San Francisco, California
London, United Kingdom
You are cordially invited to a lecture on the topic of
Between Extermination and Persecution:
Christians in the Post-Ottoman Zone
Kosciuszko Chair of Polish Studies, IWP
Executive Director, Armenian National Committee of America
Vice-Chairman, Political Developments Research Center
Thursday, April 24
The Institute of World Politics
1521 16th Street NW
Washington, DC 20036
This event is sponsored by the Kosciuszko Chair of Polish Studies.
The Christian population of the Near East has been stuck between repressive governments on one side and militant Islamists on the other for decades. Since the turn of the last century a wave of ethnic cleansing, mass murder, and genocide have engulfed the Near East with the Christians of the region bearing the brunt of the carnage. Once home to a large and prosperous multi confessional Christian population, Christendom is now on a demographic and geopolitical track to lose the place of its origin. An overview of mass violence against various Christian groups will be discussed with an emphasis on the perpetration of genocide against the Armenian, Assyrian, and Pontic Greek populations of the Ottoman Empire, as well as the current threats facing Christians in Syria, Iraq, and Egypt.
Dr. Marek Chodakiewicz is the current holder of the Kosciuszko Chair of Polish Studies, which is now here at IWP. He has authored numerous works in both English and Polish. While at the University of Virginia, he edited the Kosciuszko Chair's bulletin: Nihil Novi.
Dr. Chodakiewicz writes weekly columns for popular Polish press and contributes to the SELOUS Foundation internet hub. He has also published on foreign policy in various venues, including The Journal of World Affairs, American Spectator, and National Review Online.
In addition to numerous popular and scholarly articles, Dr. Chodakiewicz authored, co-authored, edited, and co-edited over fifteen scholarly monographs and documentary collections. His latest include Intermarium: The Land Between the Black and Baltic Seas (2012), which is a depiction of the Eastern Borderlands of the West on the rim of the former Soviet Union, and On the Right and Left (2013), which is a textbook of intellectual history of modern ideologies. He translated and edited the correspondence of the Ulam family of Lwów to the mathematician Stanislaw Ulam at Harvard from 1936 until after the Second World War and co-edited a selection of Ronald Reagan's speeches published as My Vision of America in Polish.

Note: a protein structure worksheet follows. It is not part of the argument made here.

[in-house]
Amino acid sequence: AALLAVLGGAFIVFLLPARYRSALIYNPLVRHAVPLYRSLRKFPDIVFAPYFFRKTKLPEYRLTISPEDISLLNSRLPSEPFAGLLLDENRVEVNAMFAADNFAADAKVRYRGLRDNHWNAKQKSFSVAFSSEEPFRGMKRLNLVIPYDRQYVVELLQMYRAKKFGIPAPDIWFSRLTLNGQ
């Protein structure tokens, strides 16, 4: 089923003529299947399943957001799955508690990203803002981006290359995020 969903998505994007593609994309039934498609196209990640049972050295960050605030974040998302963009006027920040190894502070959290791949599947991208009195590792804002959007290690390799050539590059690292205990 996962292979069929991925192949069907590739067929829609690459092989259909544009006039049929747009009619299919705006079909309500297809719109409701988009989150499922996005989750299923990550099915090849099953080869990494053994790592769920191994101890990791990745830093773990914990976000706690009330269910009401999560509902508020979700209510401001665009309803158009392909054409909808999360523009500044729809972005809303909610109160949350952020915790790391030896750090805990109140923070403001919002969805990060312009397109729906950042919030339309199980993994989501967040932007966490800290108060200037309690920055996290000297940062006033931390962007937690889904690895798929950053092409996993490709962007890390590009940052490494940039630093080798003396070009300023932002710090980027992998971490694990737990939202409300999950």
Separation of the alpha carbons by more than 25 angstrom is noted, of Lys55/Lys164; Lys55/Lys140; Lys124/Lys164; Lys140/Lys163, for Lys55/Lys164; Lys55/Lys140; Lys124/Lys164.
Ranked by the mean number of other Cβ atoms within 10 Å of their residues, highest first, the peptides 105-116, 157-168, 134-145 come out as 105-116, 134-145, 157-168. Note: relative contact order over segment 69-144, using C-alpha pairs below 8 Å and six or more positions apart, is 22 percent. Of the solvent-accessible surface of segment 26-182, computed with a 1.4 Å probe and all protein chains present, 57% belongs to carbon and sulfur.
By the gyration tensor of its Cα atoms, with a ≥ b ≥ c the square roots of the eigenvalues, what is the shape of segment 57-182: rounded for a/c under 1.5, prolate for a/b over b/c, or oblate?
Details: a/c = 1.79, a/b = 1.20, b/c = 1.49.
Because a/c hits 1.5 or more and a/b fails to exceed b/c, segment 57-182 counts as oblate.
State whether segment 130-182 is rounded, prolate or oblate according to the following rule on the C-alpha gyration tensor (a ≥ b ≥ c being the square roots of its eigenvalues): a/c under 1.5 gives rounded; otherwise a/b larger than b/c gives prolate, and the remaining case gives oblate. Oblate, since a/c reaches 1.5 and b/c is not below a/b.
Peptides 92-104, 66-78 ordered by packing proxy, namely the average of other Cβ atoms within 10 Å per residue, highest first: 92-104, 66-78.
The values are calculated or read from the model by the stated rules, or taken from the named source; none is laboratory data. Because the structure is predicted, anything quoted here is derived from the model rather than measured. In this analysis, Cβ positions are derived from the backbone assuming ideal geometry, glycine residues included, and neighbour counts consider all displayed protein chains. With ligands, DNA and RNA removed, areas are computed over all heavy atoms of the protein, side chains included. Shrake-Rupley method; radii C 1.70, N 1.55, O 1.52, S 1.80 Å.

His interests include the post-Soviet zone, the Second World War and its aftermath, Europe in the 19th and 20th century, Western civilization and its intellectual tradition, extremist movements in history, conspiracy theory and practice, and comparative civilizations.
At IWP, Dr. Chodakiewicz teaches courses on Genocide and Genocide Prevention, Geography and Strategy, and Russian Politics and Foreign Policy. In addition, he leads directed studies.
Vilen Khlgatyan is Vice-Chairman of Political Developments Research Center (PDRC), a virtual think tank based in Yerevan, Armenia. He attended Webster University, where he double majored in International Relations and International Business, and graduated in Spring 2010. He spent a semester studying in Vienna, Austria, where he also attended OPEC and OSCE workshops.
In 2013, he graduated from The Institute of World Politics, where his studies focused on national security and the geopolitics of energy. He wrote his honors thesis on the "Geopolitics of Energy in the South Caucasus."
Mr. Khlgatyan was a campaign staffer for Congressman Russ Carnahan of Missouri's 3rd District, who sat on the House Foreign Affairs Committee.
When & Where
The Institute of World Politics
The Institute of World Politics is a graduate school of national security and international affairs, dedicated to developing leaders with a sound understanding of international realities and the ethical conduct of statecraft, based on knowledge and appreciation of the founding principles of the American political economy and the Western moral tradition.